Junette Paul was five months pregnant when her intuition told her something was wrong. She hadn’t felt the fetus move or kick.
After visiting a doctor and undergoing multiple tests, nothing unusual was found. Still not convinced, Paul sought a second opinion. She was referred to Holtz Children’s Hospital at the University of Miami/Jackson Memorial Medical Center to be evaluated.
A multidisciplinary team examined Paul and, through an ultrasound, determined that her daughter only had one kidney due to multiple congenital anomalies of the baby’s urinary tract. This congenital anomaly is the most common cause of chronic kidney disease in infants.
“Some children with congenital anomalies are at greater risk of developing kidney failure at birth,” said Jayanthi Chandar, MD, a UHealth – University of Miami Health System pediatric nephrologist who was part of the medical team involved in caring for Paul and her baby. “Infants born premature are more likely to have chronic kidney disease with time.”
At eight months pregnant, Paul was induced.
“At first, when a nurse told me what would happen, I wasn’t ready to be induced,” Paul said. “I didn’t really understand what it meant that my daughter only had one kidney and thought the worse possible outcomes.”
Tanisha Paul was born on June 21, 2011, and was taken to the neonatal intensive care unit (NICU) at Holtz Children’s. Making matters worse, the one kidney she had was functioning at just 50 percent.
“I was crying, I didn’t know what would happen,” Paul said. “But the NICU staff comforted my husband and I, eased our worries, and kept us updated.”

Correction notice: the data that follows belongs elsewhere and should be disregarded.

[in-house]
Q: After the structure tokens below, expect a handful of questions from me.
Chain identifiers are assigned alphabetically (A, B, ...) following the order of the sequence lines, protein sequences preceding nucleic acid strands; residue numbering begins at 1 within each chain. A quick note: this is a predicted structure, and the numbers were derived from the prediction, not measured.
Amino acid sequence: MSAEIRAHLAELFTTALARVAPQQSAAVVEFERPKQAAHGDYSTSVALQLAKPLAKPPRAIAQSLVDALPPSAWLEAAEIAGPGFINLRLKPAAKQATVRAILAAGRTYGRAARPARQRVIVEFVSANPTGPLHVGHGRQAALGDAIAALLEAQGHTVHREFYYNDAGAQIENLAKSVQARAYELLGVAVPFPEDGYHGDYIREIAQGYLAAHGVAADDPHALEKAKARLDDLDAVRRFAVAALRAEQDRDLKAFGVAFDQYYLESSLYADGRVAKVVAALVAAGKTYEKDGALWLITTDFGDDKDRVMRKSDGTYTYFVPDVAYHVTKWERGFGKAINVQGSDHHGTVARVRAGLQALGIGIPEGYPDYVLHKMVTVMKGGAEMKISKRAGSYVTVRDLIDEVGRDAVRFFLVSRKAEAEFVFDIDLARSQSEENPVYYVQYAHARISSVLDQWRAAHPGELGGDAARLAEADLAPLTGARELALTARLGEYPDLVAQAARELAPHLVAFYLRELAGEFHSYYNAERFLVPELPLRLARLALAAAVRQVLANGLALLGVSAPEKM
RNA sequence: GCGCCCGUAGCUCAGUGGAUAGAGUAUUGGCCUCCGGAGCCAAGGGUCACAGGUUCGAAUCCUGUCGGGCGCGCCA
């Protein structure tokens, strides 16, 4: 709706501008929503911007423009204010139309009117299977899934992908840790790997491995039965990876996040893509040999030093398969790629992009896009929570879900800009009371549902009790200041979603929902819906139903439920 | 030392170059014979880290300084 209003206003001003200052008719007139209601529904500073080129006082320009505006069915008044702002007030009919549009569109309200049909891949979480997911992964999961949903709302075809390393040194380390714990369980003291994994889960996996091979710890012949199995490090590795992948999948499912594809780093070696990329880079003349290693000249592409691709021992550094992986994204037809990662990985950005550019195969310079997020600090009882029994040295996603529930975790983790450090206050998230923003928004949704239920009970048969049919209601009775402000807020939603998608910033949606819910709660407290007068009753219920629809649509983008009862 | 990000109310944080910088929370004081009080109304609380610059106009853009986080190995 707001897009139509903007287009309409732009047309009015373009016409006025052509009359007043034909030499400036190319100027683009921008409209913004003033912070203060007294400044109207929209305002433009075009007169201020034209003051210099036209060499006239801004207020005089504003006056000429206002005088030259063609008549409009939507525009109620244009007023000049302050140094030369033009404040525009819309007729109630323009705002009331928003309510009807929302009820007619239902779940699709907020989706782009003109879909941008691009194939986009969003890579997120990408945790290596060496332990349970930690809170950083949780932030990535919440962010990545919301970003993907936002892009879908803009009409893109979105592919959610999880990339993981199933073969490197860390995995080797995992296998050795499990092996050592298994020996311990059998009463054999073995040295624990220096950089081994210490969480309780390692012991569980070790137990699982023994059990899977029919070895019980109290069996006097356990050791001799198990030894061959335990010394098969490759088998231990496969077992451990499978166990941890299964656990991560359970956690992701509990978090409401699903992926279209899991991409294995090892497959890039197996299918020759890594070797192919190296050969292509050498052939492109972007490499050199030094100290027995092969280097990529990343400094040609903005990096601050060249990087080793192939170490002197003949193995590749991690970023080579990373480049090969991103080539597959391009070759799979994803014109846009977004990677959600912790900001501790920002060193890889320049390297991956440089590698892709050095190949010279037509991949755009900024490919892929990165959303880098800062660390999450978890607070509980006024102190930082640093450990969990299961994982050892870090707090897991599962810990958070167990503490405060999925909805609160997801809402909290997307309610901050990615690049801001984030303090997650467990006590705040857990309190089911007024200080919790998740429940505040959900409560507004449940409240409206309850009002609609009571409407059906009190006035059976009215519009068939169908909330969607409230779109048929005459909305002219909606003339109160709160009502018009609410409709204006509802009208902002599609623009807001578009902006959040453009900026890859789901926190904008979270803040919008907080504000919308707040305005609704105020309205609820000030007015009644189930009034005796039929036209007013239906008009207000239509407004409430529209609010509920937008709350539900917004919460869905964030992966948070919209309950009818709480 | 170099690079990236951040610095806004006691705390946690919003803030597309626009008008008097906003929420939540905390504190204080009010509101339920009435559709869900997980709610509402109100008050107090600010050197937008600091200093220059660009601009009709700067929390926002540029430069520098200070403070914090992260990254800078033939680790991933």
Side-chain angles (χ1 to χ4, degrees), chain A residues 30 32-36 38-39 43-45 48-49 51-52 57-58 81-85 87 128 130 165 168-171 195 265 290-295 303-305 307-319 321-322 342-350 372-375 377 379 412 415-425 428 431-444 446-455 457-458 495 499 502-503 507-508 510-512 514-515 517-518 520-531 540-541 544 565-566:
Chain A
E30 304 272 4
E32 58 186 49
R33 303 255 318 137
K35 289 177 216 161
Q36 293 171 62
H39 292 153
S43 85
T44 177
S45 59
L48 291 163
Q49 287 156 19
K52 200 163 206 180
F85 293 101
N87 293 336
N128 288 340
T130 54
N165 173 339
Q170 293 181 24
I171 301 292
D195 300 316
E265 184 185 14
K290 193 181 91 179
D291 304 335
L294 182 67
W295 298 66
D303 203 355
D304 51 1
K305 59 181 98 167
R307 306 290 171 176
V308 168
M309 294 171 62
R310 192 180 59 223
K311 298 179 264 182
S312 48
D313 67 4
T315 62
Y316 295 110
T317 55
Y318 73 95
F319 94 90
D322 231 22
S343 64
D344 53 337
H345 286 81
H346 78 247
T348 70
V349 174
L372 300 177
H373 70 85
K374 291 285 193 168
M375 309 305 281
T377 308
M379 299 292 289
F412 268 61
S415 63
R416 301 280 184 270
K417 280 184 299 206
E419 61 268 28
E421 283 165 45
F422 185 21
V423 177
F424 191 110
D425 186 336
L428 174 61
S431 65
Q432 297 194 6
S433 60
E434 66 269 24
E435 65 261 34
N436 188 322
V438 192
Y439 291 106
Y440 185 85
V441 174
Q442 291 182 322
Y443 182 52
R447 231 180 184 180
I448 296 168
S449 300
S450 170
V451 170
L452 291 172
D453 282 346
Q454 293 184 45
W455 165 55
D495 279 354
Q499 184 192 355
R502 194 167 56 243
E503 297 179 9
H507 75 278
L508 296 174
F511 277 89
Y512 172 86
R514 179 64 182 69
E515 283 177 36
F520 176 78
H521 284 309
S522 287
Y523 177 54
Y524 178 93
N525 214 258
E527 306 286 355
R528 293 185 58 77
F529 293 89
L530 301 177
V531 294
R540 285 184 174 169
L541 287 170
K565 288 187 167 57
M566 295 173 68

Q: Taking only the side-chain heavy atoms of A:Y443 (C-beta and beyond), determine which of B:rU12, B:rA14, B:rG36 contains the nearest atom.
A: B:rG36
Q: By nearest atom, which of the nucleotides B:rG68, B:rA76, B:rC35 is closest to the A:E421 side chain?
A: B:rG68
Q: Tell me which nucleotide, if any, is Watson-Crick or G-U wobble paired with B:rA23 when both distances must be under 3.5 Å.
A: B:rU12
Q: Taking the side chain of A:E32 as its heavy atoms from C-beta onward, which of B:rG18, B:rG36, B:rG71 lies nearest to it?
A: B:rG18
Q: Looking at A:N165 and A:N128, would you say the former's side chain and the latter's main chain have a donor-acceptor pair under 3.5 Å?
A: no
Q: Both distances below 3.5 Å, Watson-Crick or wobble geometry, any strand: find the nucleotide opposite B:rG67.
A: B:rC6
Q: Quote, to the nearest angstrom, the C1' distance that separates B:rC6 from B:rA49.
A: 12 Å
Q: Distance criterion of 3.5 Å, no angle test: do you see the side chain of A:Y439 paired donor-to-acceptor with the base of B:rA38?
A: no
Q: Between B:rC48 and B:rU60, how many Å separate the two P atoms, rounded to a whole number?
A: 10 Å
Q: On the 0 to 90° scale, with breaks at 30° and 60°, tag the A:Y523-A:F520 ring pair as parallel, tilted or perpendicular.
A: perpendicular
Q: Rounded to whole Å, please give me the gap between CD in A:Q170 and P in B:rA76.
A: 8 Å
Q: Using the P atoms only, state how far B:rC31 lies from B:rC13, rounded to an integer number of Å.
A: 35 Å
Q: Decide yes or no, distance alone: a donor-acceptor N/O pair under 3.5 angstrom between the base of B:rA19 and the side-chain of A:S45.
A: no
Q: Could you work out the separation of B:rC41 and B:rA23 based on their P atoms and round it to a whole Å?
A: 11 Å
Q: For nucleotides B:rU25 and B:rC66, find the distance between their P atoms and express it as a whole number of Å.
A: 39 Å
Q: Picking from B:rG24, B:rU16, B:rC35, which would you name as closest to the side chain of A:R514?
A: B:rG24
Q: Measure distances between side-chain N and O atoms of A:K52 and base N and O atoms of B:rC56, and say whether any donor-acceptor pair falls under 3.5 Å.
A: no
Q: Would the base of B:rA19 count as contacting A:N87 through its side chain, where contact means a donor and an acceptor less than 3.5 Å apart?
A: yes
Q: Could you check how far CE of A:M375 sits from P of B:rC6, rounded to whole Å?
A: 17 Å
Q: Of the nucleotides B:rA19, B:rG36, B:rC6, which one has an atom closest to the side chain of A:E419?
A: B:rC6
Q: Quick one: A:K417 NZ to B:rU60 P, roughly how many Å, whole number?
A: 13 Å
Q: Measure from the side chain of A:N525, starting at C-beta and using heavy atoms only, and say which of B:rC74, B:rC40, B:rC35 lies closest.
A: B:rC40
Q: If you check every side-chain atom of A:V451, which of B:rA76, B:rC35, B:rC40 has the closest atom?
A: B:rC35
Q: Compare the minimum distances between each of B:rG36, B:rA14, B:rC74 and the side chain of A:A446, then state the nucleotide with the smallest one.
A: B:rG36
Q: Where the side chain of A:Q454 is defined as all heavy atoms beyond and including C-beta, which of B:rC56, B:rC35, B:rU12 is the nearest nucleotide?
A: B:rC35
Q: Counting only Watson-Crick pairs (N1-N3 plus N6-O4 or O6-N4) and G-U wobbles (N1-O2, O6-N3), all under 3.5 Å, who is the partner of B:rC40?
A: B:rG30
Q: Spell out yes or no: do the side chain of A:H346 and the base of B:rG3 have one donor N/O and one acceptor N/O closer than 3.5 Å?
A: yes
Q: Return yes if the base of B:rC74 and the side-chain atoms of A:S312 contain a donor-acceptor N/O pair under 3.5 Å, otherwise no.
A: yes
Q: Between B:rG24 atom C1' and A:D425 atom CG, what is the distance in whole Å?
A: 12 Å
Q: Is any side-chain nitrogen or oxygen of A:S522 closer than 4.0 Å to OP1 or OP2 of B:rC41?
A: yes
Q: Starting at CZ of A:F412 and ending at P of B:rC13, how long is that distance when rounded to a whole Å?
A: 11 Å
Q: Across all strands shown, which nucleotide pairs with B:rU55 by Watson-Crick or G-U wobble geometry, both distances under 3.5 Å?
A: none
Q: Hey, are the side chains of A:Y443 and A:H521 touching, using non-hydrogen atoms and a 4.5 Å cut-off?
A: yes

When Tanisha was discharged home after 38 days in the Holtz Children’s NICU, she was prescribed medication to improve her health. Junette Paul stayed home to take care of her fragile newborn, feeding her through a gastrostomy tube (G-tube), a tube inserted through the abdomen that provides nutrition directly to the stomach.
After Tanisha’s second birthday, her one kidney was failing yet again.
“Tanisha had many urinary tract infections and multiple urologic surgeries,” Dr. Chandar said. “However, due to her advanced kidney failure, she began dialysis and was monitored by the pediatric nephrology team at Holtz Children’s.”
Tanisha began seeing Gaetano Ciancio, MD, MBA, FACS, director of pediatric kidney transplant at the Miami Transplant Institute (MTI), a unique affiliation between Jackson Health System and UHealth – University of Miami Health System.
Dr. Ciancio and the multidisciplinary team determined Tanisha needed a kidney transplant to survive, and she was placed on the national transplant list.
“I was frustrated with this process since many people that knew me, including loved ones, would ask me if Tanisha was going to make it,” Paul said. “But when I saw other children Tanisha’s age going through the same situation, my faith returned.”
Paul tried to remain positive as Tanisha remained on dialysis for two years. Then, in September 2016, while driving to church, she received the call that a kidney was available for her daughter.
“I was screaming and crying in the car, ‘thank you, God’,” Paul recalled. “I’d been praying for that moment!”
Dr. Ciancio performed a successful kidney transplant on Tanisha, then age 5, at Jackson Memorial Hospital on September 19, 2016. Just two days after surgery, Tanisha no longer needed the G-tube to eat. For the first time, she was able to eat normally and enjoyed pasta, yogurt, peanut butter, and fruit.
“As parents, when we look at Tanisha and see all she’s been through, we are amazed how brave she is,” Paul said. “I tell other families going through the same thing to have faith and follow the doctors’ instructions and in return, they will do everything possible to take care of your child as they did with mine.”
Tanisha and her family recently celebrated the one-year anniversary post-transplant. Tanisha is healthy, no longer home-schooled, and enjoys being able to have the opportunity to live a normal first grade experience with friends.
“Tanisha tells everyone she has two birthdays – the day she was born and the day she was transplanted,” her mom said. “We taught her that a donor family gave her a second chance at life that made her healthy again and that we have to be very grateful to them.”